BIG BLOOM: Blankets of hillside daisies light up the Temblor Range above the Carrizo Plain National Monument. | Credit: Melinda Burns
Channel Islands Restoration will host a sightseeing visit at Carrizo Plain National Monument on April 24. | Credit: Courtesy Channel Islands Restoration

It’s something like a California rainbow. After years of steady drought and fires, heavy rainfall quenches the earth and reawakens dormant native wildflower seeds, sprouting “superblooms” across the state and attracting snap-happy visitors hoping to catch a glimpse of the rare phenomenon blanketing the hillsides in vibrant swaths of yellow, blue, purple, and orange.

California’s wildflowers used to cover the landscape hundreds of years ago, when native flowers like the orange and yellow poppies were so prevalent during springtime that Chumash storytellers said the Channel Islands shone like gold in the sun. Nowadays, decades of sparse rainfall and wildfires have made the superblooms far less common. In fact, only every decade or so do conditions line up for wildflowers to make such an appearance, and the last time similar record-setting rainfall sprouted a psychedelic superbloom in Santa Barbara was back in 2019.

Now they’re back, resurrected by the recent deluge of winter rainstorms, painting the coastline and valleys in dreamlike shades of color for at least the next few weeks.

Shell Creek Road in San Luis Obispo County, a connector to Highway 58 and the Carrizo Plain, is a premier spot for wildflowers in Central California, especially after big rains. A showy bloom of baby blue eyes, goldfields and tidy tips along the creek is a magnet for springtime sightseers. | Credit: Melinda Burns

At Shell Creek Road and the Carrizo Plain National Monument, just a few hours north of Santa Barbara, the grasslands and creeksides are covered in a kaleidoscope of poppies, lupines, goldfields, fiddlenecks, phacelias, and owl’s clover, with the Temblor Range turned a bright shade of daisy yellow in the background.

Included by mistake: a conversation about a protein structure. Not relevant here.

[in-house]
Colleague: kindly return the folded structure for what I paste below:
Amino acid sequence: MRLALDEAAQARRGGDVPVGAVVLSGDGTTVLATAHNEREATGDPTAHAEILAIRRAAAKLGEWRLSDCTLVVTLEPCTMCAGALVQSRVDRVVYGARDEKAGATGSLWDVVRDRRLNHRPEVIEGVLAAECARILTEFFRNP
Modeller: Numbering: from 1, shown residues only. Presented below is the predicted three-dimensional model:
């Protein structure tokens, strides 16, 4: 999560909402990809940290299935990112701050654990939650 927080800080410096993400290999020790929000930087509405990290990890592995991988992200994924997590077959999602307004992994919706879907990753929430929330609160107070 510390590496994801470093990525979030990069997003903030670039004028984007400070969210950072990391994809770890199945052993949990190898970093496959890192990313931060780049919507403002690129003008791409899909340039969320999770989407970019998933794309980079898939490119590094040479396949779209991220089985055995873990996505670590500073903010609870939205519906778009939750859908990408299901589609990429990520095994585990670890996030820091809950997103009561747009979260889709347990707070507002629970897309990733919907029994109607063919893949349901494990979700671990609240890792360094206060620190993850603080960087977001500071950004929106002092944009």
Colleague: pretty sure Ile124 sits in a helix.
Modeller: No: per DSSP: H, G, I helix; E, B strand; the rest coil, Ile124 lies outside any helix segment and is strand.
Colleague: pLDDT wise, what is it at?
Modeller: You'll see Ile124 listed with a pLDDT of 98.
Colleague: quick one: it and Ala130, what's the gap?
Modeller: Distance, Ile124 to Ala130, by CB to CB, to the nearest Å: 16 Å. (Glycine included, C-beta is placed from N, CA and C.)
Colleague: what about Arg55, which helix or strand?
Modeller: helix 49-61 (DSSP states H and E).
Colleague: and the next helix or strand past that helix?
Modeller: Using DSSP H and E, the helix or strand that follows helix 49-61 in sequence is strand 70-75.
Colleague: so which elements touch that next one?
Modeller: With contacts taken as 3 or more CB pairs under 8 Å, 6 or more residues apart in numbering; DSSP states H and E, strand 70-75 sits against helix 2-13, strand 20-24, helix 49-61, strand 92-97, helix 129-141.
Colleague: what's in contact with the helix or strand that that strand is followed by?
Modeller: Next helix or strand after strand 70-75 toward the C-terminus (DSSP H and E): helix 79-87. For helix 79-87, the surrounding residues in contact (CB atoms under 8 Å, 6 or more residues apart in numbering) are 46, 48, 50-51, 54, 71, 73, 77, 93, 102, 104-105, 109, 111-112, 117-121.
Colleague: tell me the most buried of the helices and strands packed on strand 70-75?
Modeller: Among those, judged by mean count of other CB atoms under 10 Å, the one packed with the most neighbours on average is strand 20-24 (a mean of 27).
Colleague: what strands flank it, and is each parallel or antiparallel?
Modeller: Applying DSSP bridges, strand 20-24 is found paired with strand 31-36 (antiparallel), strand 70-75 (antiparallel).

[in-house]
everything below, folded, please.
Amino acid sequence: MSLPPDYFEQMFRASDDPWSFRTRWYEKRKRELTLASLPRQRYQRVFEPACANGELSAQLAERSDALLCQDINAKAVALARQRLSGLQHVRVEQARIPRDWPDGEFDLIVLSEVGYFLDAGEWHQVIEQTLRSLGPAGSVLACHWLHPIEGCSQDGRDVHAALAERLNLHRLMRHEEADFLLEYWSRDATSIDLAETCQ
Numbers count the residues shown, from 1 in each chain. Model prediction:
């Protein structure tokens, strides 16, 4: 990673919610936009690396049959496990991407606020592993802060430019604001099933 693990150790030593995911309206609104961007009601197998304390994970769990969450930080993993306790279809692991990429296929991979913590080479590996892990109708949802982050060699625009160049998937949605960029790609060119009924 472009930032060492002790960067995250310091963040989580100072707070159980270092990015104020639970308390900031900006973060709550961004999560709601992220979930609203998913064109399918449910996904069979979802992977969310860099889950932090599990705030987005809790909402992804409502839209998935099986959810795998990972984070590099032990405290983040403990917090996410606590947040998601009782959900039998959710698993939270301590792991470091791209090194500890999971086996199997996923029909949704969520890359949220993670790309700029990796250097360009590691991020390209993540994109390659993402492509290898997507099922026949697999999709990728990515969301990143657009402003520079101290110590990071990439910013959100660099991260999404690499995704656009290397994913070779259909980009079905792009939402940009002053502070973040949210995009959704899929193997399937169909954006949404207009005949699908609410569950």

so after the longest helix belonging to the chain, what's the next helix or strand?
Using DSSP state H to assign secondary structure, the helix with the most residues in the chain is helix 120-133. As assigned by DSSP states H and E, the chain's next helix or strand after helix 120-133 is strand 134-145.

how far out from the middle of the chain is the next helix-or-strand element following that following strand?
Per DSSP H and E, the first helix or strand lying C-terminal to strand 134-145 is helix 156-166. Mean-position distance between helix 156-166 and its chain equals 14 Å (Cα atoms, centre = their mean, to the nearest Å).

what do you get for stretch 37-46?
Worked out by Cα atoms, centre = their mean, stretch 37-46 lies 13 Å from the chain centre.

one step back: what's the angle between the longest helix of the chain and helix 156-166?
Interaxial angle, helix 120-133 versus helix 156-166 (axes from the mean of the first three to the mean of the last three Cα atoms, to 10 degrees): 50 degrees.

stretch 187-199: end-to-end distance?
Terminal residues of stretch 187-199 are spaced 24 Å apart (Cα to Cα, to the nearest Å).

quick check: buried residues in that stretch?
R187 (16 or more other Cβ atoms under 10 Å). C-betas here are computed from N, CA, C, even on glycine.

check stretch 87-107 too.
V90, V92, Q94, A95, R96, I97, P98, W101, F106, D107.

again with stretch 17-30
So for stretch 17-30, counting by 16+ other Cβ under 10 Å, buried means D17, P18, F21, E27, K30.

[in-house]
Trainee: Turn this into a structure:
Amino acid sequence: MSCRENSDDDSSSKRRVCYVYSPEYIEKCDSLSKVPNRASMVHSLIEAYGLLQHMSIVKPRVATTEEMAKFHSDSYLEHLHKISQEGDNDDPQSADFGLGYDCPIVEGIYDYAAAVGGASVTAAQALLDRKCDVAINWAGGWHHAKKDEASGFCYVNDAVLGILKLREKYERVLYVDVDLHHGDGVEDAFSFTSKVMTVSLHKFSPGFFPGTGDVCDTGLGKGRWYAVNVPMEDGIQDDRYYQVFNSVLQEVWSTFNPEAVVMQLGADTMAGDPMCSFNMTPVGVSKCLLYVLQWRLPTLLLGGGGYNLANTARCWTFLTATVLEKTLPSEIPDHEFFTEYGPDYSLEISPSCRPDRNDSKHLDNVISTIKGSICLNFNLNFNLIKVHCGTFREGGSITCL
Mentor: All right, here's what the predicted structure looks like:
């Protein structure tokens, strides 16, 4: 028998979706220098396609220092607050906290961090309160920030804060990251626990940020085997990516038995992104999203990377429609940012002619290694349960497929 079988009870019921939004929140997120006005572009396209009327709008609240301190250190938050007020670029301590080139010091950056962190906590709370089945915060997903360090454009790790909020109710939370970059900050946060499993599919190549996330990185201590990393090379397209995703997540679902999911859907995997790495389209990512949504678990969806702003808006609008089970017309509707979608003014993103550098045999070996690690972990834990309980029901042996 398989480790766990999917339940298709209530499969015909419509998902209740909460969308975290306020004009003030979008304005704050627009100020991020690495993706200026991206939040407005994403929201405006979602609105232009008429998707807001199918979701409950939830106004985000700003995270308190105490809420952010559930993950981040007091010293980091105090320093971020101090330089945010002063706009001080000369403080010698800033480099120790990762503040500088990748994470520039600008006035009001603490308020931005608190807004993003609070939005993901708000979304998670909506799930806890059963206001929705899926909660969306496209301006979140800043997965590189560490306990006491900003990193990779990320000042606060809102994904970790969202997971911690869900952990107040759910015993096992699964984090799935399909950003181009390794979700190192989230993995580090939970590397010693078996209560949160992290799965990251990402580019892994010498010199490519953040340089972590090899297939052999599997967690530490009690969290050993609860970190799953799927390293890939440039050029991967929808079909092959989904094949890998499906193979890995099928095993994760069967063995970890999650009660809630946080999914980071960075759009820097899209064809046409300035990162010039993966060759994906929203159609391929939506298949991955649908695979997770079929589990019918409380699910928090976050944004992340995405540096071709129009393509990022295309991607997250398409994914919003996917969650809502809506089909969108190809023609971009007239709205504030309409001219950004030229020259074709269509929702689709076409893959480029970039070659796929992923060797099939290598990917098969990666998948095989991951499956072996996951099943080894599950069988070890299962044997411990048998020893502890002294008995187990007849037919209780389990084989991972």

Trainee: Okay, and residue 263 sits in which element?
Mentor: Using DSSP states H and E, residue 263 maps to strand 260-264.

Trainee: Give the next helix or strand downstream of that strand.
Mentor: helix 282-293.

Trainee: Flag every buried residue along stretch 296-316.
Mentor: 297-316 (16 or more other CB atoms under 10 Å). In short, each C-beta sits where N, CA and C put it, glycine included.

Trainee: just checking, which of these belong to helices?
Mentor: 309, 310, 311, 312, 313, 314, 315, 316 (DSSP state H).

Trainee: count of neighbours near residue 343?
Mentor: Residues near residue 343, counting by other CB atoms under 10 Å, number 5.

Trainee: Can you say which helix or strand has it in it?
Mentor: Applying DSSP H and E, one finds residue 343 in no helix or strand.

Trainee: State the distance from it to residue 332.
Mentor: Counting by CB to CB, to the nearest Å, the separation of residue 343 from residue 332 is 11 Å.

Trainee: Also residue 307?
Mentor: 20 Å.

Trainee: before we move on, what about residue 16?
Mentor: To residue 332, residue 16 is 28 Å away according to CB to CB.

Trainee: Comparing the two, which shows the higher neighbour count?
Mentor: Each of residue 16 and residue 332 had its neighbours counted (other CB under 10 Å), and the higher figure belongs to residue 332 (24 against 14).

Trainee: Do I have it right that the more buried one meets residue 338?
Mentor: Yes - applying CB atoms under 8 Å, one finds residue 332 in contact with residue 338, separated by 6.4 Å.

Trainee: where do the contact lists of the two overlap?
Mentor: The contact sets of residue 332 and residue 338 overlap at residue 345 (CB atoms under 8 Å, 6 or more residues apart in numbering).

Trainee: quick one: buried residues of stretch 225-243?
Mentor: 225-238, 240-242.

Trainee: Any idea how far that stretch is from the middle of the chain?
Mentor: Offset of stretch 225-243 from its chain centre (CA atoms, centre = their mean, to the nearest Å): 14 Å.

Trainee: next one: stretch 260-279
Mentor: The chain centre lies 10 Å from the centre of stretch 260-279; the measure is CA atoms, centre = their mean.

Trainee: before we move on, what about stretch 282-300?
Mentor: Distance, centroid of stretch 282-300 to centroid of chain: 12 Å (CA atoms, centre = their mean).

On social media, visitors are sharing photos of more local hotpots where these blooms can be found: chocolate lilies, shiny buttercups, milkmaids, shooting stars, baby blue eyes, buttercups, and Johnny jump-ups at Grass Mountain, Figueroa Mountain, and New Cuyama, or hundreds of native plant species blooming at Point Mugu State Park and Channel Islands National Park.

In the city, the Santa Barbara Botanic Garden offers a closer place for visitors to check out a variety of native plants, including yellow tiny tips, purple Arroyo lupines, and orange California poppies. 

On April 24, Channel Islands Restoration will be hosting guided day trips at Carrizo Plains, where guests will be led on a tour through the area while learning about the ecology, geology and history of the plains. To sign up, or for more information, visit the event page

Central California’s wildflower bloom is expected to last through April, and northern areas of the state could see superblooms into the summertime.

Do you have photos from your own superbloom adventure? Send them as attachments, including photo credit, to to be featured in online superbloom photo gallery!


Please note this login is to submit events or press releases. Use this page here to login for your Independent subscription

Not a member? Sign up here.